Journal Jottings, November 2018

By Diane L. Richard, NCGS Journal Editor, journaleditor@ncgenealogy.org

Planned Special NCGS Journal Edition (February 2019) on Women’s Suffrage

On 18 August 1920, the 19th Amendment to the Constitution Women's suffrage photo was ratified[1]. This guaranteed women the right to vote. Although North Carolina did not ratify the amendment before it became law, there was a vibrant suffragist community within the state.

We know that many petitions were sent to the United States House of Representatives and Senate from North Carolinians in the years leading up to 1920. Real-time newspaper articles reveal that two daughters of U.S. Senator Furnifold Simmons, who was vehemently opposed to women voting, signed said petitions.[2] It has proven challenging to locate (and acquire copies of) these petitions. I am working with the National Archives and Records Administration (NARA) to acquire a couple indexed in their collection.

Additionally, several North Carolina colleges submitted petitions, but even their archives do not have copies of them. There are a few collections at the State Archives of North Carolina that I will be exploring and a recent visit to Duke yielded a list related to suffrage in Durham County.

Much ephemera documenting the suffrage movement survives and will be the focus of many exhibitions I expect to see created between now and 2020. Petitions or membership lists of women’s organizations are what I seek now to illustrate and document the breadth of North Carolinians involved with women’s suffrage activities. Your ancestors might have been amongst them.

If you are aware of materials regarding women’s suffrage that would be appropriate to include in this planned special edition of the Journal, please send them to journaleditor@ncgenealogy.org.  Additionally, there are many women’s organizations that emerged (Sir Walter Cabinet[3]) or were strengthened during this same period. Membership lists and related information for other women-focused organizations are of interest, also.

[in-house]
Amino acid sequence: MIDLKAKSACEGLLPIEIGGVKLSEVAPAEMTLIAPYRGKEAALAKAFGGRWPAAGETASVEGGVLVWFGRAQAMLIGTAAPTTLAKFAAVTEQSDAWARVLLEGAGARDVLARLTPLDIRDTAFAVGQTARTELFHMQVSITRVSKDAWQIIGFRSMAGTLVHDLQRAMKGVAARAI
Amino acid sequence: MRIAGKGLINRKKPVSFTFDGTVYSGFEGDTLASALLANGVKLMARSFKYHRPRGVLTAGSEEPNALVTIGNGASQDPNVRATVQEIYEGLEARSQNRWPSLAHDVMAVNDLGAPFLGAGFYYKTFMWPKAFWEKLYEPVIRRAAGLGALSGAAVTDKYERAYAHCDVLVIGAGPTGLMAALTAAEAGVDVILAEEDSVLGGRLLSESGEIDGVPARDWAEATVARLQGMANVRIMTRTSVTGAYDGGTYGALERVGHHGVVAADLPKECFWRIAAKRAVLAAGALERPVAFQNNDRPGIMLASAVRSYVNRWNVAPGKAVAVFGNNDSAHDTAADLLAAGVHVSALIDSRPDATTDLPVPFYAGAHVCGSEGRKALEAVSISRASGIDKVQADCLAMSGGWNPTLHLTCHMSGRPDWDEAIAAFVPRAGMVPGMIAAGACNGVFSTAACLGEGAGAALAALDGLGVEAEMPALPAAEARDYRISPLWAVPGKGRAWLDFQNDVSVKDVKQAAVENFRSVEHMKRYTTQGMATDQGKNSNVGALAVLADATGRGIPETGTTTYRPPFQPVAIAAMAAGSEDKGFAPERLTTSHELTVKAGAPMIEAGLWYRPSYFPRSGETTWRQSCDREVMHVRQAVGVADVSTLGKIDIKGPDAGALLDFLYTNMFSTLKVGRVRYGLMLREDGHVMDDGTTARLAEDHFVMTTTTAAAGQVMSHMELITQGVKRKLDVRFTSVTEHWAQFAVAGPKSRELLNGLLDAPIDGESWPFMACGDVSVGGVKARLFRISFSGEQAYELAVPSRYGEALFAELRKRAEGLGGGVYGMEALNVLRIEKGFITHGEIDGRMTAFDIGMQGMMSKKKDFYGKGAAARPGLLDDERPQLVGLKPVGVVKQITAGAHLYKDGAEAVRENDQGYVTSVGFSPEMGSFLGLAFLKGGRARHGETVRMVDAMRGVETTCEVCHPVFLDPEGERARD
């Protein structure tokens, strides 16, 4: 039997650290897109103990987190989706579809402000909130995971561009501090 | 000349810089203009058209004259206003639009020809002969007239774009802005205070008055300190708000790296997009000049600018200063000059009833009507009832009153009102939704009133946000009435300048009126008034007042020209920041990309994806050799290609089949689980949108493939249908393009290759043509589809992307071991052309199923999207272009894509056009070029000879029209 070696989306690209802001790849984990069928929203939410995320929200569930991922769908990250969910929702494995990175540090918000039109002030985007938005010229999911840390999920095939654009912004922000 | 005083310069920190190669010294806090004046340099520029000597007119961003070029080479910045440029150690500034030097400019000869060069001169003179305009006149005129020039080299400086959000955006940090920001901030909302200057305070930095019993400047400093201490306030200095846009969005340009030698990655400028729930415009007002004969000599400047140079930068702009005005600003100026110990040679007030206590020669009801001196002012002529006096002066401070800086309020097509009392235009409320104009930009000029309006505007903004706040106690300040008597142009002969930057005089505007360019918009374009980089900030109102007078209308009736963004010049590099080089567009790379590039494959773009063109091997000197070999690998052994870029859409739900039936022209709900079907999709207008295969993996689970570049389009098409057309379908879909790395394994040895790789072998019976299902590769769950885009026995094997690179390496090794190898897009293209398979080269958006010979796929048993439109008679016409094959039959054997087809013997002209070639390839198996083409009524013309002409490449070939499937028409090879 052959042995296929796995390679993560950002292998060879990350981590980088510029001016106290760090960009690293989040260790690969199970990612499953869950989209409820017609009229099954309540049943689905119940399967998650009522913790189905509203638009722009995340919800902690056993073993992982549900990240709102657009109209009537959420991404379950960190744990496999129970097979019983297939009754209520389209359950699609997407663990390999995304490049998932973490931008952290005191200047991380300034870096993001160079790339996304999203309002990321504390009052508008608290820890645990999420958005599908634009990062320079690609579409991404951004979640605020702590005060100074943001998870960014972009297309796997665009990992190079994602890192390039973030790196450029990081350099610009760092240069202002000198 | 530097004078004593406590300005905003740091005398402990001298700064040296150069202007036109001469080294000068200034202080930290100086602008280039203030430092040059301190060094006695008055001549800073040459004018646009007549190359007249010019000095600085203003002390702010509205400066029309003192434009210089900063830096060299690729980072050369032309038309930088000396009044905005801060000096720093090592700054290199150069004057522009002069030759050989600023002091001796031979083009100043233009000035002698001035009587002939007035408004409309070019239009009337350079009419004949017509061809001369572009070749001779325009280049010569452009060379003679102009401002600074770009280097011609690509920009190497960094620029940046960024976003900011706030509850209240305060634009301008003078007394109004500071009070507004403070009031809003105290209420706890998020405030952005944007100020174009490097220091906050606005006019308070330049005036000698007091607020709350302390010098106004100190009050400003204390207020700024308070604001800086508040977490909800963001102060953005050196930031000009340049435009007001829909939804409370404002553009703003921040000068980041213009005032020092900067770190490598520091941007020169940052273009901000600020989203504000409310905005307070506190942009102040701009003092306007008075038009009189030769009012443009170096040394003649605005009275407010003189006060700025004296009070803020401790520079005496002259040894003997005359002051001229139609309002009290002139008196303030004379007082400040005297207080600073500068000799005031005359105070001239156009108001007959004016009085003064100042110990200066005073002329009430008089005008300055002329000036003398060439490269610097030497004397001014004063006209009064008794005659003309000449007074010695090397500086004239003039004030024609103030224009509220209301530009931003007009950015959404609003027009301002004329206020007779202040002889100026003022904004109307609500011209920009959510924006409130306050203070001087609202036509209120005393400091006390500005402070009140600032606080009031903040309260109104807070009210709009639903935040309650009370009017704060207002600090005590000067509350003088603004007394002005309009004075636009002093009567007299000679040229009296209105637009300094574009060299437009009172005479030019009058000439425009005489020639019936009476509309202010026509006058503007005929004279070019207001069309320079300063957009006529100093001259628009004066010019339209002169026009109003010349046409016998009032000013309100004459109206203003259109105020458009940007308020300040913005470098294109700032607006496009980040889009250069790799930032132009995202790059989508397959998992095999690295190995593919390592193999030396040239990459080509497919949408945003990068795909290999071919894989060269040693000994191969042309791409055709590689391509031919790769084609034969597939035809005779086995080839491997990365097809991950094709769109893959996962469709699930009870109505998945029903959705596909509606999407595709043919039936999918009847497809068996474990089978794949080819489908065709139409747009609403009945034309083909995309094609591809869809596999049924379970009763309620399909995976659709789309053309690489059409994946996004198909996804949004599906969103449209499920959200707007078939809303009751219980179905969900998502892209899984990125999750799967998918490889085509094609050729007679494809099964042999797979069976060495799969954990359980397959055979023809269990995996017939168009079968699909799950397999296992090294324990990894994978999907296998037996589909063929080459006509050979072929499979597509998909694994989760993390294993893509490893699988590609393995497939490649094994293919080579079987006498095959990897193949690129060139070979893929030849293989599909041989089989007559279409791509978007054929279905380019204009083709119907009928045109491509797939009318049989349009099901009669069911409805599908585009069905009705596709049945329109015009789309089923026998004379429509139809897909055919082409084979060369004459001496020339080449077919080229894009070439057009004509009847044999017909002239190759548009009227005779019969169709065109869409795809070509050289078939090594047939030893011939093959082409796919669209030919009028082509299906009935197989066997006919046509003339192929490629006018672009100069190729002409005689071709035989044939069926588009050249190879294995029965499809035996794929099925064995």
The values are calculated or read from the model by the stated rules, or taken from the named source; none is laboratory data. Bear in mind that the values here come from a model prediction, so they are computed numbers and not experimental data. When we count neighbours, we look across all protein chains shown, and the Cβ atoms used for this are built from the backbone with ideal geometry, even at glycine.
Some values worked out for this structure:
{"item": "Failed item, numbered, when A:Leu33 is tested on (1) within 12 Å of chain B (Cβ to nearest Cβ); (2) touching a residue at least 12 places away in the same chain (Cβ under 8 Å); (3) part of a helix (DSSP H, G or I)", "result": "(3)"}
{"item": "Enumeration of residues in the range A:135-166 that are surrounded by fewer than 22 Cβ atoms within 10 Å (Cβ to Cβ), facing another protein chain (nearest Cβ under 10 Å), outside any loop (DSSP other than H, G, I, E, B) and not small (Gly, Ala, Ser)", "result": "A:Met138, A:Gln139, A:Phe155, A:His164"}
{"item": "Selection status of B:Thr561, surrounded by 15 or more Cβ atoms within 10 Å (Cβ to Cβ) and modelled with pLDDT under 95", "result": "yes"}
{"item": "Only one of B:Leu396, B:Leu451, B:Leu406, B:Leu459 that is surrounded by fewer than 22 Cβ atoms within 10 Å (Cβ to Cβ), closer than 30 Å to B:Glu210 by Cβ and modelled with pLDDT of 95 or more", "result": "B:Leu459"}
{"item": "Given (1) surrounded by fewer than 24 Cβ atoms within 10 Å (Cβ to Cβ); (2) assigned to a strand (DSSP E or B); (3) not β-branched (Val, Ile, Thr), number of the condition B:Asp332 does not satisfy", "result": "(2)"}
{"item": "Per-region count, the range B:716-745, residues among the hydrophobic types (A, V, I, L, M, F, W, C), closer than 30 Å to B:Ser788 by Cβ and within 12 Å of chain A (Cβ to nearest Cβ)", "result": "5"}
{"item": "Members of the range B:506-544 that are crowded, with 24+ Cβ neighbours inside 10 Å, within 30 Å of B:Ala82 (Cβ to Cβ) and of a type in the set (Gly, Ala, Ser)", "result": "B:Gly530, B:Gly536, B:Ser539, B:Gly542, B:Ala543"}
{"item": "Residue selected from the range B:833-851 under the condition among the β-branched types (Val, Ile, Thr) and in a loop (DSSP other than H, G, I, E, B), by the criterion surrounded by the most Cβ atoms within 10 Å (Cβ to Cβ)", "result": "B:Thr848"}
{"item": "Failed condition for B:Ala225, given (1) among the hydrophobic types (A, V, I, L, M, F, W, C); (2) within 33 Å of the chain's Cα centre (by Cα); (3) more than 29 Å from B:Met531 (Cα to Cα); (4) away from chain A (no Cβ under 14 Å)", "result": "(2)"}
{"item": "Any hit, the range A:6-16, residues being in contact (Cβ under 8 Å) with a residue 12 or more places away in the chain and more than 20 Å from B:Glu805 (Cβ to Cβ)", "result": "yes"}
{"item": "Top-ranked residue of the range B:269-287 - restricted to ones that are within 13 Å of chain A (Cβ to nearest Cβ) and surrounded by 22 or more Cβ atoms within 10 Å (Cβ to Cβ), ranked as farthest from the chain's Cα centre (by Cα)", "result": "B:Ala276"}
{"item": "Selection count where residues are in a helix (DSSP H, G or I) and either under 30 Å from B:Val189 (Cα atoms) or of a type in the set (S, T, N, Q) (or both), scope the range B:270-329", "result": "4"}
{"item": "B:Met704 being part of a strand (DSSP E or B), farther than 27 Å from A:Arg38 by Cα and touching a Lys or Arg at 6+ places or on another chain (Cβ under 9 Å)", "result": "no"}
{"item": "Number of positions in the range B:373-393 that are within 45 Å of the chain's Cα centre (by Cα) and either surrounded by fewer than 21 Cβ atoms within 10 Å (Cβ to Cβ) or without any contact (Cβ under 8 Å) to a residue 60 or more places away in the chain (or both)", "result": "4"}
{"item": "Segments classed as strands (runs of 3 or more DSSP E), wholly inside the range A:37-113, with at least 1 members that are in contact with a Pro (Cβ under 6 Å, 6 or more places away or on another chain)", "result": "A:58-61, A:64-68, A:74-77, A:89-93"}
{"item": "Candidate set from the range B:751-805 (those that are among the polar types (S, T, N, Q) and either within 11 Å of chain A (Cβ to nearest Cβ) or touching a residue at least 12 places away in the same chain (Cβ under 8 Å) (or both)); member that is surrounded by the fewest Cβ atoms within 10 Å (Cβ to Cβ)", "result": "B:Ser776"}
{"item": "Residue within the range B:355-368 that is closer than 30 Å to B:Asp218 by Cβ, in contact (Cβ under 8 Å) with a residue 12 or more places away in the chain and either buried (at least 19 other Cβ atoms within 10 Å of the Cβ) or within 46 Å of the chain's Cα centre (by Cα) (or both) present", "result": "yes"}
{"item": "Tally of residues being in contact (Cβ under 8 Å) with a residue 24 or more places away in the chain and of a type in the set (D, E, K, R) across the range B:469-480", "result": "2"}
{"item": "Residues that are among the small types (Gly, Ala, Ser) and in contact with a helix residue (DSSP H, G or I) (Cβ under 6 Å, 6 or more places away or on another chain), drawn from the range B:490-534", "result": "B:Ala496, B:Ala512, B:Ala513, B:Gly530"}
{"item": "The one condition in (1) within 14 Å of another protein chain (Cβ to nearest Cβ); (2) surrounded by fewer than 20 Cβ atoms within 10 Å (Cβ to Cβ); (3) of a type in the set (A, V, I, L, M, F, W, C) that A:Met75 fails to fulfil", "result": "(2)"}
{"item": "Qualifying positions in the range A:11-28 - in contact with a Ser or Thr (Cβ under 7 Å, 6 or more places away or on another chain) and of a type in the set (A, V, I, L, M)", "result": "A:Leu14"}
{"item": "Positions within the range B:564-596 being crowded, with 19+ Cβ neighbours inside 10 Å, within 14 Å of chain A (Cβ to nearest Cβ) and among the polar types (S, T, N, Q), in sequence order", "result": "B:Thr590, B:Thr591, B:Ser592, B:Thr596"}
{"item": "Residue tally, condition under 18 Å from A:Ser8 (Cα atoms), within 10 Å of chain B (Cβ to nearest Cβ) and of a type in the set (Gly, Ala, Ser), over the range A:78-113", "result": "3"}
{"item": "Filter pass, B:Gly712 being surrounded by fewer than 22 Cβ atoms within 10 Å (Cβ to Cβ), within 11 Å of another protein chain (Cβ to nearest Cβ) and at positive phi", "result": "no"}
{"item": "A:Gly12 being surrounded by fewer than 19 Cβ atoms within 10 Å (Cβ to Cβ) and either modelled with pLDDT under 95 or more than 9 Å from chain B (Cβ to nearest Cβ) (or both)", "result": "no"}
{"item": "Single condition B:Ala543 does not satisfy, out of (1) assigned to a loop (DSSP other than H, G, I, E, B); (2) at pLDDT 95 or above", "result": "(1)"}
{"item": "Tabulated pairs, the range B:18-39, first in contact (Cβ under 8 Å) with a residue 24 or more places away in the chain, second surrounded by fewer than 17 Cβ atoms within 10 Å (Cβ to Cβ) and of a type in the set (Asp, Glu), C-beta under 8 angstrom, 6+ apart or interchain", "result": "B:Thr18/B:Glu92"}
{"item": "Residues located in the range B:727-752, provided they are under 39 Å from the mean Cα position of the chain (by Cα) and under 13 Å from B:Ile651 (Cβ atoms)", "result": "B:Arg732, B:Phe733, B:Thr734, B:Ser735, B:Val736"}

This special edition is timed for 1919 as we have clear evidence that 100+ years ago, North Carolinians were actively involved in the suffrage movement.

As always, if you are interested in helping transcribe materials collected in anticipation of this special issue, please email Diane at journaleditor@ncgenealogy.org.

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 Thanks again to all who have helped and to those who will volunteer in the future. It does take a village to create a journal. As always, I can be reached at journaleditor@ncgenealogy.org to answer your questions, and to receive your submissions and suggestions.

Go Journal Team!

You may also view a printer-friendly pdf version of the November 2018 Journal Jottings.

[1] This Day in History, August 26, https://www.history.com/this-day-in-history/19th-amendment-adopted (accessed 31 August 2018).

[2] The Woman Citizen, by the State Equal Suffrage League of North Carolina, The Dispatch (Lexington, North Carolina) · 06 Mar 1918, Wed · Page 7 (via Newspapers.com, accessed 31 August 2018).

[3] Sir Walter Cabinet has its own traditions, Teresa Leonard, News & Observer, 20 Jan 2017, https://www.newsobserver.com/living/liv-columns-blogs/past-times/article127649879.html (accessed 31 August 2018).

(Image source: “Help Us to Win the Vote“, photograph, Library of Congress Prints and Photographs Division, Washington, DC, no known publication restrictions.)